Disney’s latest animated feature, Wish, is intended to be a celebration of the company’s legacy, but do its references feel cynical or sincere?
Seconds before my screening of Disney’s latest animated film, Wish, was set to begin, I was treated to a compilation of the legendary company’s greatest achievements over the last 100 years. Over the course of a couple of minutes, dozens of iconic properties were shoved into my face, ranging from beloved animated classics to more recent franchises that the entertainment titan acquired in the last few years. It was a strange spectacle to behold, one that felt both cynical and sincere. On one hand, it could be read as a genuine celebration of everything that Disney crafted over the course of their existence, but at the same time, the presence of films like Avatar: The Way of Water, which, let’s be honest, absolutely no-one associates with the Walt Disney brand, made it feel less like a kid proudly showing off their art project and more like an advertising executive desperate to get me to buy Disney+.
Unfortunately, this feeling never left me as the next hour and a half passed by, and by the time Wish finished, I couldn’t quite figure out if, to put it bluntly, I had just been scammed. See, I went to Wish expecting to see a brand new Disney animated adventure, one that seemingly intended to set a new standard for the company’s animation whilst also celebrating everything that came before it. What I felt like I got instead was a lazy, derivative Disney+ advert that just made me want to watch those past films that I cherish so dearly.
The narrative of Wish, which is an obvious callback to the simpler fairytale stories that populated so many of the Disney films of the 20th century, follows Asha (Ariana DeBose) as she uncovers the dark secrets of the kingdom she calls home, and its incredibly charismatic but also very obviously evil leader, King Magnifico (Chris Pine). The name of the film comes from both Magnifico’s ability to grant people’s wishes, as well as the wishing star who befriends Asha about halfway through, who is apparently meant to be the same one seen in Pinocchio (1940). It’s a forced reference, and also one that’s indicative of just how far Wish is willing to go to call-back to a classic Disney property.
Every reference to, say, Peter Pan (1953) just made me want to watch that significantly better and more magical film. So, I’ve decided to try and figure this out once and for all: do the Disney references that Wish is littered with actually come across as a sincere celebration of the company’s legacy, or do they just feel like a cynical, corporate move designed to make you want to revisit the films of your past?
WAS WISH DOOMED FROM THE BEGINNING?
Before we get any further, I do feel like it’s worth posing the question of whether or not a film whose purpose is to simply reference other films can actually be good and feel sincere. It’s a topic that’s come up a lot in recent years, with films like Ready Player One (2018) and Chip ‘n Dale: Rescue Rangers (2022) dedicating a good chunk of their runtimes to references and tributes to other films. The former’s an interesting case in itself, as there are so many references to all kinds of different things scattered throughout it, and these references take on so many different forms that whether or not they feel like a sincere tribute or a cynical easter egg designed to generate “10 things you missed” articles online changes constantly.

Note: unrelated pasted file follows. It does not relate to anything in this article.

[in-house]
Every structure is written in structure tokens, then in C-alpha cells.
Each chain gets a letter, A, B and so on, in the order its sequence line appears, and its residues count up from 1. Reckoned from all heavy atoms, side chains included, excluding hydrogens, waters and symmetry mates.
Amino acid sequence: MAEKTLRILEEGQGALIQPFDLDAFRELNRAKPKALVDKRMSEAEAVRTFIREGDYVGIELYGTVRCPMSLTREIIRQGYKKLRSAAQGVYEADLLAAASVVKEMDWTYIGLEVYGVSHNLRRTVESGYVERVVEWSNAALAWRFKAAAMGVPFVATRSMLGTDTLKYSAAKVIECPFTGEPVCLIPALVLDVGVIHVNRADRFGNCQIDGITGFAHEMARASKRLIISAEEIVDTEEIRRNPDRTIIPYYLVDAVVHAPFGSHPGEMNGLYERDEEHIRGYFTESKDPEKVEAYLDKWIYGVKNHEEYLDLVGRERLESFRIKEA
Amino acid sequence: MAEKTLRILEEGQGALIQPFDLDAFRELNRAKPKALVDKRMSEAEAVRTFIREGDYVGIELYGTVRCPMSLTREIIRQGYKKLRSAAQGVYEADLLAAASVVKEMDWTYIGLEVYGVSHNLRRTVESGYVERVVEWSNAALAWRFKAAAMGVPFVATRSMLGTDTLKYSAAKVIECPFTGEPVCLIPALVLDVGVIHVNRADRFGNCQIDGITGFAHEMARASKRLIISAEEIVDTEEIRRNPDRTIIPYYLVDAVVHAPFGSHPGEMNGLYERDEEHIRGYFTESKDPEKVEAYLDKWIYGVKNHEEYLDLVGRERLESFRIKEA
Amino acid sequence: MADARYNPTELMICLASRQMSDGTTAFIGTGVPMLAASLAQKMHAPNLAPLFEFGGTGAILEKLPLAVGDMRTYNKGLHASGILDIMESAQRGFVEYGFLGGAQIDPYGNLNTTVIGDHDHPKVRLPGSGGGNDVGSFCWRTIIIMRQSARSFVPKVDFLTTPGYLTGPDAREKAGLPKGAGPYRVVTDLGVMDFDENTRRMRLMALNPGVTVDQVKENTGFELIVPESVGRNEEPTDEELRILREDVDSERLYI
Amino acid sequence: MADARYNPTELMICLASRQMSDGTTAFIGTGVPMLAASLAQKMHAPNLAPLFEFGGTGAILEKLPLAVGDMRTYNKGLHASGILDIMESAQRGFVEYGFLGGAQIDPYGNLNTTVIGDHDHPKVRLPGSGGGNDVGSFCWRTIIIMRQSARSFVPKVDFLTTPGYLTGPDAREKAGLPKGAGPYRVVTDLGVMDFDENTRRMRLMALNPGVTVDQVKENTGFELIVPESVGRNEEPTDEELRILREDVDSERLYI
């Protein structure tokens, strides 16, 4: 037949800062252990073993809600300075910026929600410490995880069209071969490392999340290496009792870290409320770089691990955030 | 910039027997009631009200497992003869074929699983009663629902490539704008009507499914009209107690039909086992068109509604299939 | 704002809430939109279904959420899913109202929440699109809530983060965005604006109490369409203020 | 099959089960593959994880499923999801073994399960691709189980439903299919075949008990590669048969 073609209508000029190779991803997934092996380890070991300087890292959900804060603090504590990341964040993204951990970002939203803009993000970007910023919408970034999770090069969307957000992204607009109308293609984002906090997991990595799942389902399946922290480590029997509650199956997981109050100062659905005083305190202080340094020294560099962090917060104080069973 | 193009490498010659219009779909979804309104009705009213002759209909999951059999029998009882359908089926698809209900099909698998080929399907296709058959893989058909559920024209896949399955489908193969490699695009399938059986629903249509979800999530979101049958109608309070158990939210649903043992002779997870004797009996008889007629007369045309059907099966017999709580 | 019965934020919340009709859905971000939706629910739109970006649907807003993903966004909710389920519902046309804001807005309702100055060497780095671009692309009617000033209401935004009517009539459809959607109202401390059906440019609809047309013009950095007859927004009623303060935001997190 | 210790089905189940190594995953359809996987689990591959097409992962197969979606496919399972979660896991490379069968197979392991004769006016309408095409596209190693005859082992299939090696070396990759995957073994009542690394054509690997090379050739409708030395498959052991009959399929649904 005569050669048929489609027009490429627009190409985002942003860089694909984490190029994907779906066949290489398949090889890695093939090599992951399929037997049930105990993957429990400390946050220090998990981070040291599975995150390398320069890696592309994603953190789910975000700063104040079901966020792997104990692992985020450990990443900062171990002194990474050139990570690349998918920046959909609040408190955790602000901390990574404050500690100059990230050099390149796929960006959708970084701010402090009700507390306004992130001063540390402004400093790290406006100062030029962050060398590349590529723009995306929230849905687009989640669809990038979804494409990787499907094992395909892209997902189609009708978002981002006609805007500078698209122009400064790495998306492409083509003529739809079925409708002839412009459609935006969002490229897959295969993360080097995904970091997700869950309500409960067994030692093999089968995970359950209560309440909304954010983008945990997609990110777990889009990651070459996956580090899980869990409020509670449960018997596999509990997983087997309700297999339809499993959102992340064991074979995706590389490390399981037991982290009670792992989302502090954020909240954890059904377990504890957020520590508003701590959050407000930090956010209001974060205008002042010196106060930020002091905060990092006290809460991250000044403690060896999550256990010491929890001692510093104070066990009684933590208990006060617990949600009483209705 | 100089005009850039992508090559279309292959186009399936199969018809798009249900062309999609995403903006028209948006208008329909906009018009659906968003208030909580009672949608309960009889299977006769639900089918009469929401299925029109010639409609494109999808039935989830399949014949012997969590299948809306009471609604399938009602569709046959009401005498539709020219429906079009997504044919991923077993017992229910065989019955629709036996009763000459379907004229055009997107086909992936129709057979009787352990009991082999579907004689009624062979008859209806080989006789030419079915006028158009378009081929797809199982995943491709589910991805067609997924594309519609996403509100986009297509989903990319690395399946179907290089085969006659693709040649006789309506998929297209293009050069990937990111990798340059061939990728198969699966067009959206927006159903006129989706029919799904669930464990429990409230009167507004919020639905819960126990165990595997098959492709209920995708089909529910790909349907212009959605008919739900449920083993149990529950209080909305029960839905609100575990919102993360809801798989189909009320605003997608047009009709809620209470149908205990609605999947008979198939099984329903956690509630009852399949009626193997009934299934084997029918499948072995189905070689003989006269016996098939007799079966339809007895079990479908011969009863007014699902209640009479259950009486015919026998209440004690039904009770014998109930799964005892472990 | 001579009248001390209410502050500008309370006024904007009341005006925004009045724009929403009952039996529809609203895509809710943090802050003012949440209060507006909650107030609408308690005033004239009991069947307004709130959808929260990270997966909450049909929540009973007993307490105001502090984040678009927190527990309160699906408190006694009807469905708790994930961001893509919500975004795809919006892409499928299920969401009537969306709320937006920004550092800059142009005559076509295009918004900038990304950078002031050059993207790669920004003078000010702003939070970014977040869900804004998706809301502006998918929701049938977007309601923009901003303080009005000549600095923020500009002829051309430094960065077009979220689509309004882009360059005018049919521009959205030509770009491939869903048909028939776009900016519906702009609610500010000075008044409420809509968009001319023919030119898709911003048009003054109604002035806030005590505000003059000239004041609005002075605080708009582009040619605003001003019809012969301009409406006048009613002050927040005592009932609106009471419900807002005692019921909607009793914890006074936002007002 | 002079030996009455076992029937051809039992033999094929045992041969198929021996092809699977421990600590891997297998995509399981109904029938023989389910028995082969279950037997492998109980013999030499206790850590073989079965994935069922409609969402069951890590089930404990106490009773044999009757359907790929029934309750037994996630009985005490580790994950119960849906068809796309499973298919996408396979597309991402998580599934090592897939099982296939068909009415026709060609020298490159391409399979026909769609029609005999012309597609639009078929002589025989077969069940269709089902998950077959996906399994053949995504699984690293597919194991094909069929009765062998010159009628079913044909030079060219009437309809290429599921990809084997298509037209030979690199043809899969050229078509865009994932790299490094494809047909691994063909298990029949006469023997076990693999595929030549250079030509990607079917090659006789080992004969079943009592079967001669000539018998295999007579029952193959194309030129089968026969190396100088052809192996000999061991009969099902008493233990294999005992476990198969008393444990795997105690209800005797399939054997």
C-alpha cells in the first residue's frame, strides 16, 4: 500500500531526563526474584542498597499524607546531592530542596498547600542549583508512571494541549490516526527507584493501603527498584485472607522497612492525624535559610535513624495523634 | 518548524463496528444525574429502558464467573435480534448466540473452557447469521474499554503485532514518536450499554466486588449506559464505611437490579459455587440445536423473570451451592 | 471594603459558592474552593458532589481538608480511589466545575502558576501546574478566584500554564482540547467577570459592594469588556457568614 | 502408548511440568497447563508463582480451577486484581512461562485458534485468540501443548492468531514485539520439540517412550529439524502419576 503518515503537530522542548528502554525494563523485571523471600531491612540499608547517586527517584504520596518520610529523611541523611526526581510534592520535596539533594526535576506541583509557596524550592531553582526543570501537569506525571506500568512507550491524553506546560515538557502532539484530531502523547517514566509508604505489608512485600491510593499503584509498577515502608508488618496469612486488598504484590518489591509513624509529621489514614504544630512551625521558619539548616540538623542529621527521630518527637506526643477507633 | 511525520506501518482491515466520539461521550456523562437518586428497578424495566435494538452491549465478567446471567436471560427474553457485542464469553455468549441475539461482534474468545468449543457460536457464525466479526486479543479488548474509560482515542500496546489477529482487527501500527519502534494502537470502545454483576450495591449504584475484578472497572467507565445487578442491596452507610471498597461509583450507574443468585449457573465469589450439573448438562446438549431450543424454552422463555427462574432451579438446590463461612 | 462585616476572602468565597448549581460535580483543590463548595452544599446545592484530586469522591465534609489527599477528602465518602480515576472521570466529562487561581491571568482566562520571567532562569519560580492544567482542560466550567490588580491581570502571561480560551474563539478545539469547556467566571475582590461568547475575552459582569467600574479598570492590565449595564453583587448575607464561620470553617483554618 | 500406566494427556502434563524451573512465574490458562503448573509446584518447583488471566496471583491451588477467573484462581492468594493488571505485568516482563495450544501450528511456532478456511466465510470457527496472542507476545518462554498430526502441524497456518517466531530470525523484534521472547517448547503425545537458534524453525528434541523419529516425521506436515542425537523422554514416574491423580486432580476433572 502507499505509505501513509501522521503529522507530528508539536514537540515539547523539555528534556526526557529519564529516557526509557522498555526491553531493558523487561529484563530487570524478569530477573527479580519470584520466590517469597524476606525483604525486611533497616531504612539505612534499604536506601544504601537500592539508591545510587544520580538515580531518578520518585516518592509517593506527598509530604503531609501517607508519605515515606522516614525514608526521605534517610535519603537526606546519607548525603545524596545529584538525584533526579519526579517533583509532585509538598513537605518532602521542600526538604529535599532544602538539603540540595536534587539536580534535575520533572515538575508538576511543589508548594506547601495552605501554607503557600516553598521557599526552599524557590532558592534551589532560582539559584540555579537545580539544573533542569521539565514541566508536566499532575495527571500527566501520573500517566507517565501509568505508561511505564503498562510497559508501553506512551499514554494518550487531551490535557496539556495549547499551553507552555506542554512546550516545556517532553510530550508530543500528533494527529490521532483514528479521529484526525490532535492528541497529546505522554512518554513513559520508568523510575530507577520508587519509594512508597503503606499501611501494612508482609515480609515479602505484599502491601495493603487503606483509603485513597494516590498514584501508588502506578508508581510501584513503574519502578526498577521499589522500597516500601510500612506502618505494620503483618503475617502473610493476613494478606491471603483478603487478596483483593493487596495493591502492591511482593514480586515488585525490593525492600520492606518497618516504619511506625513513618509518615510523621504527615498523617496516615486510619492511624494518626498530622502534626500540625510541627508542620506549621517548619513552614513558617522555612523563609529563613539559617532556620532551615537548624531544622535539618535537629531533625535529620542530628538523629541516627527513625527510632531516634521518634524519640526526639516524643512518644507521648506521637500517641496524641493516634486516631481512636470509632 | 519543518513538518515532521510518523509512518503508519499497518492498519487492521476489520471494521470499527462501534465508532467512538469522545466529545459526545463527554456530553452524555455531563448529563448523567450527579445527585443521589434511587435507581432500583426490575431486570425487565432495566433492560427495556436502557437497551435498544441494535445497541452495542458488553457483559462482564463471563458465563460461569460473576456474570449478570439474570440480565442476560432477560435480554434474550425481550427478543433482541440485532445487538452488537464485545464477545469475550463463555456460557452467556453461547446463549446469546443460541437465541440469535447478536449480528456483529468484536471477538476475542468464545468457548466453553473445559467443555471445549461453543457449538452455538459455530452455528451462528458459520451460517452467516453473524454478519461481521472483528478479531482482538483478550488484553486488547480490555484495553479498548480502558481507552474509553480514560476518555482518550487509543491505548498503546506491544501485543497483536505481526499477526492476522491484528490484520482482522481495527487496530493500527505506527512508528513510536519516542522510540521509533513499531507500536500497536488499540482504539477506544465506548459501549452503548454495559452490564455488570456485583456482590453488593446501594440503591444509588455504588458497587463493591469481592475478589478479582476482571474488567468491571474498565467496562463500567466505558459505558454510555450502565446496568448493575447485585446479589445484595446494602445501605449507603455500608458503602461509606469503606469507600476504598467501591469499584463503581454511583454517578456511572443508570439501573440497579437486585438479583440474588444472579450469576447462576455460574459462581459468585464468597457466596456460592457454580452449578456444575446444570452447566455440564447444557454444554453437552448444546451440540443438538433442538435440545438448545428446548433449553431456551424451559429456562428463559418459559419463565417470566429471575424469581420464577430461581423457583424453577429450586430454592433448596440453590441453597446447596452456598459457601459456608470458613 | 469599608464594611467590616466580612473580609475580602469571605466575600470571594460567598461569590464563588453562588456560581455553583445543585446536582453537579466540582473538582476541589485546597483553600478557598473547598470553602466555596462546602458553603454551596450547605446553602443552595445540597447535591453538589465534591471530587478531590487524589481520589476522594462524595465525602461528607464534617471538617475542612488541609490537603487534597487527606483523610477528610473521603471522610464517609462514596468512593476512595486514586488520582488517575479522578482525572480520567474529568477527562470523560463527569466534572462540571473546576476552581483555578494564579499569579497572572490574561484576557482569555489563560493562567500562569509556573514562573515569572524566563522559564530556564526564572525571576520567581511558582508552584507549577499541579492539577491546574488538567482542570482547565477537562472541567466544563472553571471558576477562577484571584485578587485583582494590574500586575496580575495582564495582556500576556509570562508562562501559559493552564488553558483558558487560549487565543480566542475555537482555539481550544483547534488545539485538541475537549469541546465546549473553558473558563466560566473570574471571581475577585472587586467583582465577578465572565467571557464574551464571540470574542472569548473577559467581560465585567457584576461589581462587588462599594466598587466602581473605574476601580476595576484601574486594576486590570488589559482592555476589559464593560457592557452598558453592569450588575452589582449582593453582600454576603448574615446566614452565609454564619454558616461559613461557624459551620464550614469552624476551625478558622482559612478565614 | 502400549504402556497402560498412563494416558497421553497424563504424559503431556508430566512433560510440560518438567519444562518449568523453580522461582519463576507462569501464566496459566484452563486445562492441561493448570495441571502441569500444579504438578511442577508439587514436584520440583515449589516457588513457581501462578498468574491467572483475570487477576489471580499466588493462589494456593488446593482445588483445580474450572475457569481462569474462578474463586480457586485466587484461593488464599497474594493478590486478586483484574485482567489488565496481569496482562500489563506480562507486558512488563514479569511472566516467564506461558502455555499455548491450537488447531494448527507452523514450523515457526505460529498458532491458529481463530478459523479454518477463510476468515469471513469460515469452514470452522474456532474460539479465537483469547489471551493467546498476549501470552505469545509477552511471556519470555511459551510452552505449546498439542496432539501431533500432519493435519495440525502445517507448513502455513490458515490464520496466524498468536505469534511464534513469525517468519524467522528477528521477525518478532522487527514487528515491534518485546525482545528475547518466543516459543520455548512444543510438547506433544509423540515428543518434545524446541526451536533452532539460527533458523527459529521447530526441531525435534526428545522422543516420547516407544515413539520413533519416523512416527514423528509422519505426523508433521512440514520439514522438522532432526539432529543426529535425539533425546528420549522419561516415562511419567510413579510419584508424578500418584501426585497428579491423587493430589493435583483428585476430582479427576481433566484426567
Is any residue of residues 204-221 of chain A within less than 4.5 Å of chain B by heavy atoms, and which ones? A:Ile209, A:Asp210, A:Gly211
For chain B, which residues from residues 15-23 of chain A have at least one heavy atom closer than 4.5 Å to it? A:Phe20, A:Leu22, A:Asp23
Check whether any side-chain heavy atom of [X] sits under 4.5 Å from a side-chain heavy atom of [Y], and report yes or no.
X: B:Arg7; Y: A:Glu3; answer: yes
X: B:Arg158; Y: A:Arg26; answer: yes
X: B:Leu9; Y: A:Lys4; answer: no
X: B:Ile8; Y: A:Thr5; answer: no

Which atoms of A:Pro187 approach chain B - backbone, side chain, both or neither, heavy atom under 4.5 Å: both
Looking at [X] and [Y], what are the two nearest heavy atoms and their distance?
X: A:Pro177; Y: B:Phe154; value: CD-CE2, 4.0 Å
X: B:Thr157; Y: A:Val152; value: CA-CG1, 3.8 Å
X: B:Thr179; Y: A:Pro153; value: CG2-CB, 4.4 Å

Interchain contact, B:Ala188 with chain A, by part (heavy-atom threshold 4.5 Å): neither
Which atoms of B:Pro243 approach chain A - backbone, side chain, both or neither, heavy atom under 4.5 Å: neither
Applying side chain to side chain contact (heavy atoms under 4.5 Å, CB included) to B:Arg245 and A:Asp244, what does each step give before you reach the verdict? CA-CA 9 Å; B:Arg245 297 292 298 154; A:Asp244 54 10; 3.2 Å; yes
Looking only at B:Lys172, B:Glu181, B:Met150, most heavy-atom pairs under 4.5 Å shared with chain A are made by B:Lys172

Take the sequence dedicated to The Shining (1980) where the characters have to navigate their way through the iconic setting to obtain a key. It uses a backdrop familiar to audiences but utilises it in a completely different way that helps make it feel like more than just a call-back for the sake of it. However, in the same film, you have cameos from characters like Tracer from the video game Overwatch (2016) interrupting big, emotional scenes, in a way that can’t help but feel cynical. The difference between the two scenes is that the former feels like a loving tribute to Stanley Kubrick’s masterpiece, whilst the latter feels like an easter egg shoved into the film without a second thought simply to please fanboys, without any regard for if it actually benefits the flirtatious conversation it’s being put into.
EXAMINING THE DISNEY REFERENCES IN WISH
So, using this newfound knowledge, let’s examine Wish and the many references found within it. One of the first to jump out to me was the seven friends of the film’s main protagonist, Asha (Ariana DeBose), who are obviously intended to mirror the seven dwarves found in Disney’s first-ever feature, Snow White and the Seven Dwarfs (1937). One of them is constantly sleepy, one literally exclaims how grumpy he is, etcetera. It’s a cute easter egg on paper, but in execution, what we end up with is a bunch of characters who end up contributing absolutely nothing to the film. Their mere existence means that the ones who do actually get something to do in the story end up feeling incredibly thin because their lines have to be given to the ones who have significantly less to do, just so Wish feels justified including them at all. It’s a clunky reference that hasn’t been properly thought through, and as a result, it ends up hurting the film.